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Old 01-07-2008, 10:21   #25
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Maybe the price is higher but the performance and fun factor probably is too

Alan
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Old 01-07-2008, 10:36   #26
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Last year there was (may still be) an Atlantic 50 for sale for 200K. I was sorely tempted as I think they are beautifull boats, but I would miss being able to lounge in a protected cockpit while at anchor in temperate lattitudes.

Concerning visibility from the inside helm, I have done some agonizing about this as I designed the cabin and steering station of my own cat. "How will the visibility be if it's raining at night?" and so on. In the end I decided to go with inside steering that can also be reached from the forward cockpit. Every commercial fishing boat I have been on had inside steering and the visibility was acceptable, even in weather. For me the advantages of a steering position out of the weather and sun outweighed the disadvantages of less visibility and sensitivity to the wind.

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Old 01-07-2008, 10:44   #27
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While I'm definitely not a fan of the Lagoon Fly bridge helm, when well designed a fly bridge helm can be quite comfortable and safe. The airfone (basically a open air tube from the flybridge to the salon) augmented by an intercom provides safe communication. There isn't a more protected helm with optimum visibility and convenience than this design imo. All lines draw to the helm and are within arms reach...



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Old 01-07-2008, 12:15   #28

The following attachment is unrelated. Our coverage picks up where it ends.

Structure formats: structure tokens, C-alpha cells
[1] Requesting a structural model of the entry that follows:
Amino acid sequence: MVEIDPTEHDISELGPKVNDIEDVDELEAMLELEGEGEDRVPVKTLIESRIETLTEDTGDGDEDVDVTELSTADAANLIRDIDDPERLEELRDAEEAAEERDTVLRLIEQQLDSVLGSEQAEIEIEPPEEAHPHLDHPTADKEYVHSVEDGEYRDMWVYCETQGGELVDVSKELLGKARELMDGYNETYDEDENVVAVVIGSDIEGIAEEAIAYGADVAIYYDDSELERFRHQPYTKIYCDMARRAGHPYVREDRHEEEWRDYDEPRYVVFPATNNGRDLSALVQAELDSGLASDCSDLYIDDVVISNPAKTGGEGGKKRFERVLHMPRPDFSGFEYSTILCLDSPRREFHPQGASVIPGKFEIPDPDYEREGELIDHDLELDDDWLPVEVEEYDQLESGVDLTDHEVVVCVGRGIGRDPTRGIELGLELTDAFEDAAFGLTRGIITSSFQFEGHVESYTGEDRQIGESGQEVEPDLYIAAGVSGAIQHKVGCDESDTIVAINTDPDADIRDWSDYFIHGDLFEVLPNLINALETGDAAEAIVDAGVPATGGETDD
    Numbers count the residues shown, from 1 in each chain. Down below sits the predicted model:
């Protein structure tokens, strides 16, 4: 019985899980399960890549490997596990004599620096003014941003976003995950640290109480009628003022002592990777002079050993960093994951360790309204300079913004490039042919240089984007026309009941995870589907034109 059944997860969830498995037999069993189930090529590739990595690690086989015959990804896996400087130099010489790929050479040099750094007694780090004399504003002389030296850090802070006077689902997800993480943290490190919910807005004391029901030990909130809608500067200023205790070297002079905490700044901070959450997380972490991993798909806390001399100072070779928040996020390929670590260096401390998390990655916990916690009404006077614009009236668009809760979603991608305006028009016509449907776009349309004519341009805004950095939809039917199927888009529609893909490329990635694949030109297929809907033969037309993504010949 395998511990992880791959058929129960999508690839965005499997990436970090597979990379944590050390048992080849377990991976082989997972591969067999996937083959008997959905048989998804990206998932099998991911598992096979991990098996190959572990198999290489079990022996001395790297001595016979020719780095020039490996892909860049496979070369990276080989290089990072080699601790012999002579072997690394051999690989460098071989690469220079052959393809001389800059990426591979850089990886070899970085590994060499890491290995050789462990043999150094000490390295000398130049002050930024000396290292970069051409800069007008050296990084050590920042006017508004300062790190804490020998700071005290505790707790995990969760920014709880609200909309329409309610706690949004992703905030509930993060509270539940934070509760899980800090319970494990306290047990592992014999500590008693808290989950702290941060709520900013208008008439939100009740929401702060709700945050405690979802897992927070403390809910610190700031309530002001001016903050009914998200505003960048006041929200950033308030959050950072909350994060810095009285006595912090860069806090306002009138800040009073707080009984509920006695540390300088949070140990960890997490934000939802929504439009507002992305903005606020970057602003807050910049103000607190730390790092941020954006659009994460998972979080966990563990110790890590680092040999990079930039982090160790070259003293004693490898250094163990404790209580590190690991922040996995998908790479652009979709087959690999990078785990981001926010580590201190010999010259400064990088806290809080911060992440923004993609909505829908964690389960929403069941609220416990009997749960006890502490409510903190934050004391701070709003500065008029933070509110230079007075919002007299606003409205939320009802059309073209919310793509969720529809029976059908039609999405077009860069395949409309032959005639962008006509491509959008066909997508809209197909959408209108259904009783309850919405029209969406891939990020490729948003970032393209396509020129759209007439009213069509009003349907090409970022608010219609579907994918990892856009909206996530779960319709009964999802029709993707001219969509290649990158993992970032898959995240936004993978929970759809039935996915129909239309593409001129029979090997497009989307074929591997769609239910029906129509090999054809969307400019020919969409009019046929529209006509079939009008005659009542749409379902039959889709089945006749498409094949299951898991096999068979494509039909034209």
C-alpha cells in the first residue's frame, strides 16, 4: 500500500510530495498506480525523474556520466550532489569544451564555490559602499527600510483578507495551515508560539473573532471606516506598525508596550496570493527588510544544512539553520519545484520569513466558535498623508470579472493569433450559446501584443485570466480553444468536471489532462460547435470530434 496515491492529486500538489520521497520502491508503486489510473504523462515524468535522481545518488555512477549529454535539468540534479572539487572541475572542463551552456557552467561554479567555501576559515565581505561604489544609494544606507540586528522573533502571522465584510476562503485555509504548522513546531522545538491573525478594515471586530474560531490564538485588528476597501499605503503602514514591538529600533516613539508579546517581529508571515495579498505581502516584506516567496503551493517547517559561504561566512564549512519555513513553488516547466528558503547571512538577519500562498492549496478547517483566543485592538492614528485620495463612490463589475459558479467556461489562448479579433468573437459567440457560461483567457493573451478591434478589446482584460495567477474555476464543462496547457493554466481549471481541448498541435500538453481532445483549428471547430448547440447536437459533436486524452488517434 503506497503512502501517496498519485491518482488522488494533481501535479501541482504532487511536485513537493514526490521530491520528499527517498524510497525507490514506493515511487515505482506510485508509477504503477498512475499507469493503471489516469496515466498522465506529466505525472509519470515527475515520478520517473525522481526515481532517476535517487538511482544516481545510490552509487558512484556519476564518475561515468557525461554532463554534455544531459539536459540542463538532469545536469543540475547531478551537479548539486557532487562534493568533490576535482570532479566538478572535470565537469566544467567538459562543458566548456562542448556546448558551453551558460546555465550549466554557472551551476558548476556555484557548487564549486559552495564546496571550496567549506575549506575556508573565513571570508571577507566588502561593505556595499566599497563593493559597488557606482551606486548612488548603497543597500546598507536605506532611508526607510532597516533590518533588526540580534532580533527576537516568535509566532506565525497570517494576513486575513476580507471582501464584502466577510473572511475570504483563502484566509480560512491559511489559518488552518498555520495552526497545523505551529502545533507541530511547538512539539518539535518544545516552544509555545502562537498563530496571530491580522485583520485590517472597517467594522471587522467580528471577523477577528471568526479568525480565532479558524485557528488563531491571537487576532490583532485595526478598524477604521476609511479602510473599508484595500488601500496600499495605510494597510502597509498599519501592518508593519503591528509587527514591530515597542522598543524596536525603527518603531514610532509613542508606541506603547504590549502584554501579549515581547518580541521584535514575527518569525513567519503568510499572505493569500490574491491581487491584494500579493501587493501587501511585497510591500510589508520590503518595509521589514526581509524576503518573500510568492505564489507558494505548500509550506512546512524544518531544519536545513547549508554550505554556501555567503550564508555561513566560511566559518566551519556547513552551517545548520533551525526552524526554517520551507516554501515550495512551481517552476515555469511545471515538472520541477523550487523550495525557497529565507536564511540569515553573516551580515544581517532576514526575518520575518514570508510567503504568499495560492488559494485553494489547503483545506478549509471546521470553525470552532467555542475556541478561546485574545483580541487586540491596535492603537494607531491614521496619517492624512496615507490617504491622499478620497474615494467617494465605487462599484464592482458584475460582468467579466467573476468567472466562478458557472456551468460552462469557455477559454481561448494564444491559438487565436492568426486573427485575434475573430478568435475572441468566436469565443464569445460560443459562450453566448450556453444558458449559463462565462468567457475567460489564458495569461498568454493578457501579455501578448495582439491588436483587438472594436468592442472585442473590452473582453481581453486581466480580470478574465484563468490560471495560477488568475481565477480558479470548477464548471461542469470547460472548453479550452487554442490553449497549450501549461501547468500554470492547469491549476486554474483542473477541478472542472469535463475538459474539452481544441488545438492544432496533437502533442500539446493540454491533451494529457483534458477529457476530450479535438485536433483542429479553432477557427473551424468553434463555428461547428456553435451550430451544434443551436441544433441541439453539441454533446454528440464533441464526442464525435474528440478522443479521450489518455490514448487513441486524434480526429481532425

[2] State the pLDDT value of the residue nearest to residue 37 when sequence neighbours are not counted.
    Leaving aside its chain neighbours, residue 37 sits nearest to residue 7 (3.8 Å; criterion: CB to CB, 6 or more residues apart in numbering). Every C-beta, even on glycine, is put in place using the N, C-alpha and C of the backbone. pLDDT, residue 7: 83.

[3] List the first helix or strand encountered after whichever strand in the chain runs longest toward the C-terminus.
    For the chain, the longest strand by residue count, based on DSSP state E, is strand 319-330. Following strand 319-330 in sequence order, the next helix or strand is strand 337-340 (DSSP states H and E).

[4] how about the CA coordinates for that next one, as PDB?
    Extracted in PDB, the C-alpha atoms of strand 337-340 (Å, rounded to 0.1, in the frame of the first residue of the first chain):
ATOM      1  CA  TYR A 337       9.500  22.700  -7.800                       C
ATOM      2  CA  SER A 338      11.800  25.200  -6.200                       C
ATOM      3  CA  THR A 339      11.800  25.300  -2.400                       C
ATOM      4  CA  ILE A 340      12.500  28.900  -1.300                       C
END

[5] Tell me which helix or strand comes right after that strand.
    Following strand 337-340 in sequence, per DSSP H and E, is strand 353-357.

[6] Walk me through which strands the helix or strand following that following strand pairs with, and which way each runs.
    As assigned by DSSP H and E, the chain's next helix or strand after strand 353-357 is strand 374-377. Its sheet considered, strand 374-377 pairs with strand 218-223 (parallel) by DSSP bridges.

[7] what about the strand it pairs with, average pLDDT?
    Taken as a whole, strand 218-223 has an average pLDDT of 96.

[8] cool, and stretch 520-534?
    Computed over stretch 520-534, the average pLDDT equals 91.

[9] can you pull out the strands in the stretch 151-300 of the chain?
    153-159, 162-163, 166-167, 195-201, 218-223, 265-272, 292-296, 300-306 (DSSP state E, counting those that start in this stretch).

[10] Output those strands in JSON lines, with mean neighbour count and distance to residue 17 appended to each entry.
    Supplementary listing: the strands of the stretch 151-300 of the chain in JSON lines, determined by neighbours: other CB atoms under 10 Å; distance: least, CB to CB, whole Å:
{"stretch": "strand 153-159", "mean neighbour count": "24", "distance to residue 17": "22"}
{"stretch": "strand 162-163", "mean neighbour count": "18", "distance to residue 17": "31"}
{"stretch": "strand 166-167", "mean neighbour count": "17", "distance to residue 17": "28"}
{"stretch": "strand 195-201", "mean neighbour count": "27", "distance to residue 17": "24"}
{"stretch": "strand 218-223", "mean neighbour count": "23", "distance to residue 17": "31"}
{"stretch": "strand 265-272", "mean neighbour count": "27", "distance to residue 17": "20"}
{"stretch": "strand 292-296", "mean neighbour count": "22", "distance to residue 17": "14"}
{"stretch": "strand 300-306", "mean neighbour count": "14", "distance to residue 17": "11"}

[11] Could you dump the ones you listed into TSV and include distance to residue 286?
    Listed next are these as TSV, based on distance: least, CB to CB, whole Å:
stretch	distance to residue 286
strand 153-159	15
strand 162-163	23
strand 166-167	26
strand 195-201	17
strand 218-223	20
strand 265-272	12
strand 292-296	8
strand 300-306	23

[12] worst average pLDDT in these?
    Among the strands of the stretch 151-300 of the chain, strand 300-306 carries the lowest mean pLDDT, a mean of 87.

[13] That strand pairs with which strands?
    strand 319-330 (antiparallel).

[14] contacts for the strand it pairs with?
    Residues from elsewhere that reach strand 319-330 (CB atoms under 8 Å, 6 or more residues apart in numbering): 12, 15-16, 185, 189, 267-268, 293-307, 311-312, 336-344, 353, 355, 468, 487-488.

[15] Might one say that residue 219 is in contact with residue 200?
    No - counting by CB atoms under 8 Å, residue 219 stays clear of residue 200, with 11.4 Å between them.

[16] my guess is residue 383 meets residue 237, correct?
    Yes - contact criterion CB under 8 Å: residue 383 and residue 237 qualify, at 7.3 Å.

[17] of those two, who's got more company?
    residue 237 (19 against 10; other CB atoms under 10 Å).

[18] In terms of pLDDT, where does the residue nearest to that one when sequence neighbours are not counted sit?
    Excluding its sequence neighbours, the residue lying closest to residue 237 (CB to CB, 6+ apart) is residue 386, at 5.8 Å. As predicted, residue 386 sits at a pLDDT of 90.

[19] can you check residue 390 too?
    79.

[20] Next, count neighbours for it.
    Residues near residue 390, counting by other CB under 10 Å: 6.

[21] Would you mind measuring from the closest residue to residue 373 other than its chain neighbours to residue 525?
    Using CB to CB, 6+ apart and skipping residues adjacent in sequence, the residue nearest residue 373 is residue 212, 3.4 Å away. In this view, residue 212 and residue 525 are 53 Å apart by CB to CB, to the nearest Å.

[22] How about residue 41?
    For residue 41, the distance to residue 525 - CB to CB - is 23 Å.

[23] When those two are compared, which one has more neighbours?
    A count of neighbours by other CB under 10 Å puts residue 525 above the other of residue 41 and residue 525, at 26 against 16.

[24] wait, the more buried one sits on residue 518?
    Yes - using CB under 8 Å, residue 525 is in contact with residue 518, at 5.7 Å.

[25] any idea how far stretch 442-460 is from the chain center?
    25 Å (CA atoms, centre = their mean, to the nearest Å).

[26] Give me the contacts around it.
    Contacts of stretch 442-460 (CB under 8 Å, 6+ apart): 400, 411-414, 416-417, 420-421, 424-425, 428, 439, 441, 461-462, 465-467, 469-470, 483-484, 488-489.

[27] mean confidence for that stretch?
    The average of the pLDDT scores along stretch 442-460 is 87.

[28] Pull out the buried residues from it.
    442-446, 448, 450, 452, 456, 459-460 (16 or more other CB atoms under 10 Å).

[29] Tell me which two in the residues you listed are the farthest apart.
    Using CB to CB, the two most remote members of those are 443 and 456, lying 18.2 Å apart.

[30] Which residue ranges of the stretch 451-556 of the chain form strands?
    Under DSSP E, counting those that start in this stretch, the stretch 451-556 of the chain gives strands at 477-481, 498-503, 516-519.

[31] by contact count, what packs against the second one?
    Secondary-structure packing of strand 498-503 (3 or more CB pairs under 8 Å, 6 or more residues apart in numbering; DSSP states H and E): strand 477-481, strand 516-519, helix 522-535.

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ireaney - there is also a forward helm station in the forward cockpit, so best of both worlds!

freetime: there is an Atlantic for sale here: Chris White Designs (S. Dartmouth, MA)

A much better deal than some of the roomarans we see up here in the Baltic/Scandinavia.

regards

Alan
Alan, I was fully aware of the forward cockpit which I stated in my comments, it is not something I would personally like and again I reiterate for a 46ft cat the saloon lacks a lot of room even compared to a 36 footer, the Lagoon 380 has a much bigger saloon by the looks of things, and before anybody says yes but the Chris White is much faster and the Lagoon 380 is slow and designed for the charter market, I also understand this.
I am also not a fan of the Lagoon flybridge layout as this loses the sociabilty angle, is exposed and also increases the centre of gravity by having to have the boom raised much higher.
I just don't like the Chris White designs - full stop.
Again the aft cockpit will be roomier, better protected, safer and more sociable if steering with friends IMO.
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Old 01-07-2008, 12:27   #29
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reason to like cats

I usually enjoy simply reading these forums more than commenting, but this time I have to join in. I am good friends with a powerboat dealer in FL and he LOVES sailboats. The main reason he sells so many trawlers to sailors is because they want to get OUT of the weather. I started reading the multihull forum because the main reason in my mind for owning a catamaran is so that you can get out of the sun and cold. My intro to cats was a lousy one. I sailed to Cat Key aboard a St.Francis 44 and almost had my teeth rattled out! Last year I crewed aboard a PDQ 44 to the BVIs and wow what a great boat! This boat needs to be on your list and buy a helm out of the weather.
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Old 01-07-2008, 13:42   #30
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I hear a lot of mono sailors complain about the lack of sensation when sailing a cruising cat. I think a lot of this is based on the helm being put behind the main saloon out of the wind with little visual contact with the sails. All the cruisers always talk about using the auto pilot 99% of the time. Perhaps if they sailed a boat with some sensation they would enjoy steering more.
I much prefer the Chris White or Mainecat where you feel the breeze when you want to and can escape the weather with indoor steering or a cockpit enclosure. While sitting at a mooring I love the huge visiability of these designs. When I get on your typical cruising cat cockpit I feel like I am sitting in a hole. I only wish there was more variety in open bridgedeck and forward cockpit boats.